After weeks of shadowing, being shadowed and asking every other tutor within a five-mile radius if I could look over their shoulder at their online appointments, I was finally ready. The training wheels were taken off, and it was time to take my first very own appointment. Like our other new tutor/blogger, I checked my schedule obsessively in the days leading up to the appointment in hopes that I could get a sneak peak of the writer’s pervious work. Anything to better prepare me for what lay ahead. As it turns out, my first-appointment jitters and advanced preparation were for naught, as I was forced to throw caution to the wind with a walk-in appointment as soon as I walked in myself.
Writing about all of the things that I learned on this first day would definitely not fit into a blog post, so I’ll save them for National Novel Writing Month. Instead, here’s the SparkNotes version:
1. Previous knowledge of the writer’s content is not necessary. In fact, I found it easier to identify vague statements and theories because I had started the tutorial with no idea what the writer was talking about.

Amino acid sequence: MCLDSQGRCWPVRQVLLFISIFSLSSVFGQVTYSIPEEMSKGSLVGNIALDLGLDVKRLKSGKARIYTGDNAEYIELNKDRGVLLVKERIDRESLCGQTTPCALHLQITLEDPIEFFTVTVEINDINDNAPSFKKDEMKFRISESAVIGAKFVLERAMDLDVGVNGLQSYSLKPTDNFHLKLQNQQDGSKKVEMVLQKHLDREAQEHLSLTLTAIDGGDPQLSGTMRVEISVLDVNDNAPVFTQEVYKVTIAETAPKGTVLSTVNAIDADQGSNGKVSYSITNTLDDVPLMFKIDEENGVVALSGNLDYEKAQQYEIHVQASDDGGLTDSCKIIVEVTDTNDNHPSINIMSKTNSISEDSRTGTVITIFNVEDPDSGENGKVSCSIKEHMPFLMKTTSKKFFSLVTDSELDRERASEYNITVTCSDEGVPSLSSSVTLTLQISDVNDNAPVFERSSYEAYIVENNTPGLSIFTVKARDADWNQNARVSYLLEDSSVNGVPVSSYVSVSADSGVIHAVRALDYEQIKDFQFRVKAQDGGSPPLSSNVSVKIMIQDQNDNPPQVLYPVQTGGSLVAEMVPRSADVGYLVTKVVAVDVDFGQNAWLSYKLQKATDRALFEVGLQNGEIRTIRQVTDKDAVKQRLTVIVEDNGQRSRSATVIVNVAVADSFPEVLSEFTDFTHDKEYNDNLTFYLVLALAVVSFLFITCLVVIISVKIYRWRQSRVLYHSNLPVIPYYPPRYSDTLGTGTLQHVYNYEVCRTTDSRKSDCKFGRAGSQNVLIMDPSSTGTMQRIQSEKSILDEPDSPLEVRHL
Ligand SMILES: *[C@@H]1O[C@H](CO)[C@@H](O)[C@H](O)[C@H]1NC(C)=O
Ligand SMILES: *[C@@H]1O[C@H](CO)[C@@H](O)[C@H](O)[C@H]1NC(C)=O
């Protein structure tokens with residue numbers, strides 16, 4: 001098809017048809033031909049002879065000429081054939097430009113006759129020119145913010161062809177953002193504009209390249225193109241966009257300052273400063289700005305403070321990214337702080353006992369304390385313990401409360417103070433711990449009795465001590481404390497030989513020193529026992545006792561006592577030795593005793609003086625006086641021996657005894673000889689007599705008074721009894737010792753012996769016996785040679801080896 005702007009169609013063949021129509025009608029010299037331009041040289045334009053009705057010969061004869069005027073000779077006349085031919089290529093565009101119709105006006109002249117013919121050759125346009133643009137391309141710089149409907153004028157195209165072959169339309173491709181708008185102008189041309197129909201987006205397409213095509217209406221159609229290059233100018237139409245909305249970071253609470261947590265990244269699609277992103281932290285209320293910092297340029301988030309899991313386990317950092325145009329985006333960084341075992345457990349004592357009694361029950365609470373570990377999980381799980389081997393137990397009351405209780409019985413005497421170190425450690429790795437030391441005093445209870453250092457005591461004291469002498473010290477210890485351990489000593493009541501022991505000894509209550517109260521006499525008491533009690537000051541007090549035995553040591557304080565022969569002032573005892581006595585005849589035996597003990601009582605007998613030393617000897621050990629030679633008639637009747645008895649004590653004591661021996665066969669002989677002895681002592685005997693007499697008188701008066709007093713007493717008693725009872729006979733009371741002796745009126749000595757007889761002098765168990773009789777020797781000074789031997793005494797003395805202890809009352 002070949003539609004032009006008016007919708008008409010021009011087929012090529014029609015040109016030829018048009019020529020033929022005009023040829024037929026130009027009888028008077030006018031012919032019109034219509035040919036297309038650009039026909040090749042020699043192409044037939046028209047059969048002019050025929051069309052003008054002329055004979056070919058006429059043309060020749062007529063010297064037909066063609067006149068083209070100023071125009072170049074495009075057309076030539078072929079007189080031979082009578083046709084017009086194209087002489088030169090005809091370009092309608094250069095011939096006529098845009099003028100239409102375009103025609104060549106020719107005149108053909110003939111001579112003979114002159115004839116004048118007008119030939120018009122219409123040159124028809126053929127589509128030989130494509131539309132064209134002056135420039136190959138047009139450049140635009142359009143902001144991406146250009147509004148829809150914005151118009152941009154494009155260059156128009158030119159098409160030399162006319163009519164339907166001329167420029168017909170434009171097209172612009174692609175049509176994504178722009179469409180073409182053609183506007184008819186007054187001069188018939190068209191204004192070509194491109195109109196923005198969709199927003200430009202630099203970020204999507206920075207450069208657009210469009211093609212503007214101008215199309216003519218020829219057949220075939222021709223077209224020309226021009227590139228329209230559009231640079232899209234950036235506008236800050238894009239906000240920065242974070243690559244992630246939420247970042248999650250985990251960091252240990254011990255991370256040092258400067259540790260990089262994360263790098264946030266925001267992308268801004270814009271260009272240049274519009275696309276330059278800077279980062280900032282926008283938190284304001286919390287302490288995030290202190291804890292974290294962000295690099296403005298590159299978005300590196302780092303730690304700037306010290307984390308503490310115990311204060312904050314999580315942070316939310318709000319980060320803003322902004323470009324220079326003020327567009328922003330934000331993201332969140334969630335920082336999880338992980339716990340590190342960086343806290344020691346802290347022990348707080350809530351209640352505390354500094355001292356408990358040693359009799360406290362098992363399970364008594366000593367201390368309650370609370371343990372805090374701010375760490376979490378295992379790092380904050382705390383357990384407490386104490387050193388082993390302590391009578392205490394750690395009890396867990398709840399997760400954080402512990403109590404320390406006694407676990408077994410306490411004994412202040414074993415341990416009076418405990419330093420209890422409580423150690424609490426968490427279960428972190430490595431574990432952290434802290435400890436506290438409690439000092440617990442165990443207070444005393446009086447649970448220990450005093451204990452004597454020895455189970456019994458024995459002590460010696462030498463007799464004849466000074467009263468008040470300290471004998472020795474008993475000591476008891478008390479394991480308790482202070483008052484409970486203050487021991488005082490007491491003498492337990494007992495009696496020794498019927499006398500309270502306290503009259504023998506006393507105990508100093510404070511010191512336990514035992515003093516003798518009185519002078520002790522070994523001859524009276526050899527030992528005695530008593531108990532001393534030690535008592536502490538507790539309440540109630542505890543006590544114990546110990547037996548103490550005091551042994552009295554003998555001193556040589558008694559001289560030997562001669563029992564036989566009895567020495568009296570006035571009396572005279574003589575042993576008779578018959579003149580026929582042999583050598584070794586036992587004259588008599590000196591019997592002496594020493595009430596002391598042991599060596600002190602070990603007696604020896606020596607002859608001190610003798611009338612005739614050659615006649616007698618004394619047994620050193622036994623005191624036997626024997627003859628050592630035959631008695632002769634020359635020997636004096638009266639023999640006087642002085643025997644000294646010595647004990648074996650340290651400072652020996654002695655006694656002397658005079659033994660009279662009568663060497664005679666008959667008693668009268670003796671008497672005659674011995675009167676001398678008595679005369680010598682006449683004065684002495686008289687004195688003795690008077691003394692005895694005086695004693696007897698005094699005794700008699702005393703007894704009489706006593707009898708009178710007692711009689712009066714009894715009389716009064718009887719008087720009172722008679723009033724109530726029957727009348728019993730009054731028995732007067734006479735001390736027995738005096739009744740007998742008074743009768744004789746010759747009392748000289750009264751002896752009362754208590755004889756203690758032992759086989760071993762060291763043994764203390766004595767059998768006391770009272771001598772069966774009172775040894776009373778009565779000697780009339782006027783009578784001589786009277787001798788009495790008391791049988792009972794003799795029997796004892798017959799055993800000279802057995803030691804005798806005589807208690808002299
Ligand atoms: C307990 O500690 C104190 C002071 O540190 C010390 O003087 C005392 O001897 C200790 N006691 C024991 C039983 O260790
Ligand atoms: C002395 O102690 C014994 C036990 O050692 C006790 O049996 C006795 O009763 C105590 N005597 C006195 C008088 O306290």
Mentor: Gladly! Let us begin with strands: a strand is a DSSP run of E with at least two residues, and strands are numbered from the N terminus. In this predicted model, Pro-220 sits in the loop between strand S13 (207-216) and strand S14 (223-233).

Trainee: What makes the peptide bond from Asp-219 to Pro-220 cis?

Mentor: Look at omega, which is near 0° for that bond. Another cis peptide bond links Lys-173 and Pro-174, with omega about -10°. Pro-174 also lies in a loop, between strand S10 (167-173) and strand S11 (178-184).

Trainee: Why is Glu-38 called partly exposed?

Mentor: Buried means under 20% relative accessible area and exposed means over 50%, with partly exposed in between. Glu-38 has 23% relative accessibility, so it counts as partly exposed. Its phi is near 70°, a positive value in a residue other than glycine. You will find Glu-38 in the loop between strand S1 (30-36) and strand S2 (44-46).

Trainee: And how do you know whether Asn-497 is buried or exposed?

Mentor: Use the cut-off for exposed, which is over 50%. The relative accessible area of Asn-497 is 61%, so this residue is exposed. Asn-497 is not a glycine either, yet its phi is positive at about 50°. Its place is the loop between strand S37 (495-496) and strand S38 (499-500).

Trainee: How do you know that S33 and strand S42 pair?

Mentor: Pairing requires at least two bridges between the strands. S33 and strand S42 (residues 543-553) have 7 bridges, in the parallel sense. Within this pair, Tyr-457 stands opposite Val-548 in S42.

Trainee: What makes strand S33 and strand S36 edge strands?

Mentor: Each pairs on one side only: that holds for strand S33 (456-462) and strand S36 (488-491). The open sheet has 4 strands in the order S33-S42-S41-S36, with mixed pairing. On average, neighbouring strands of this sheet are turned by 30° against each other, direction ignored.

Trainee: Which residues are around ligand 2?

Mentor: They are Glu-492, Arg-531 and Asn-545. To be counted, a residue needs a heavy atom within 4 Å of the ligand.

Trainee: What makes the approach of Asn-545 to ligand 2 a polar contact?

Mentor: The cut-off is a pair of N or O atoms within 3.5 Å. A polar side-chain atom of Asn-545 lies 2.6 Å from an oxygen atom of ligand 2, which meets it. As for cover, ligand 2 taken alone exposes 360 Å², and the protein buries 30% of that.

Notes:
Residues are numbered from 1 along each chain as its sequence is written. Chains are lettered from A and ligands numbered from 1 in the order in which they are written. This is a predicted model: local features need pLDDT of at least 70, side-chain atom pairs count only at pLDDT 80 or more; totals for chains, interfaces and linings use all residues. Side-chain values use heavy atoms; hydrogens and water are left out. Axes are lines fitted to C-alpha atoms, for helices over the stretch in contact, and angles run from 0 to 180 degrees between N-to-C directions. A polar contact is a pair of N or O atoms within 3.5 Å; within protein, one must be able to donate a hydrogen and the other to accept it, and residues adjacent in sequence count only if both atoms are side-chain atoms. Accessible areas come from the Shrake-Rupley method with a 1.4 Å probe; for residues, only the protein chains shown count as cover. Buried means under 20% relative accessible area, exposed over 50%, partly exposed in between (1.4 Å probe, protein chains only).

2. Grad students are not that scary. Papers are papers.
3. Different theories on Writing Center theory/pedagogy are just that: theories. Let’s face it, a lot has been written about how to properly approach peer tutoring. While it’s great to keep these perspectives in mind, it isn’t so great to adhere too closely to them. Follow your instincts, do what’s best for the writer, and all will be well. Much like eating a Reese’s, there is no wrong way to eat a writer. Wait…no. That came out wrong. But you get my meaning, right?
Not only am I thoroughly enjoying my responsibilities as a newly-minted tutor, but I am taking full advantage of the myriad professional development opportunities that the UCWbL offers. Tune in to the blog tomorrow for more information on the UCWbL’s latest project, which is something that I’m heavily involved in and very, very excited about.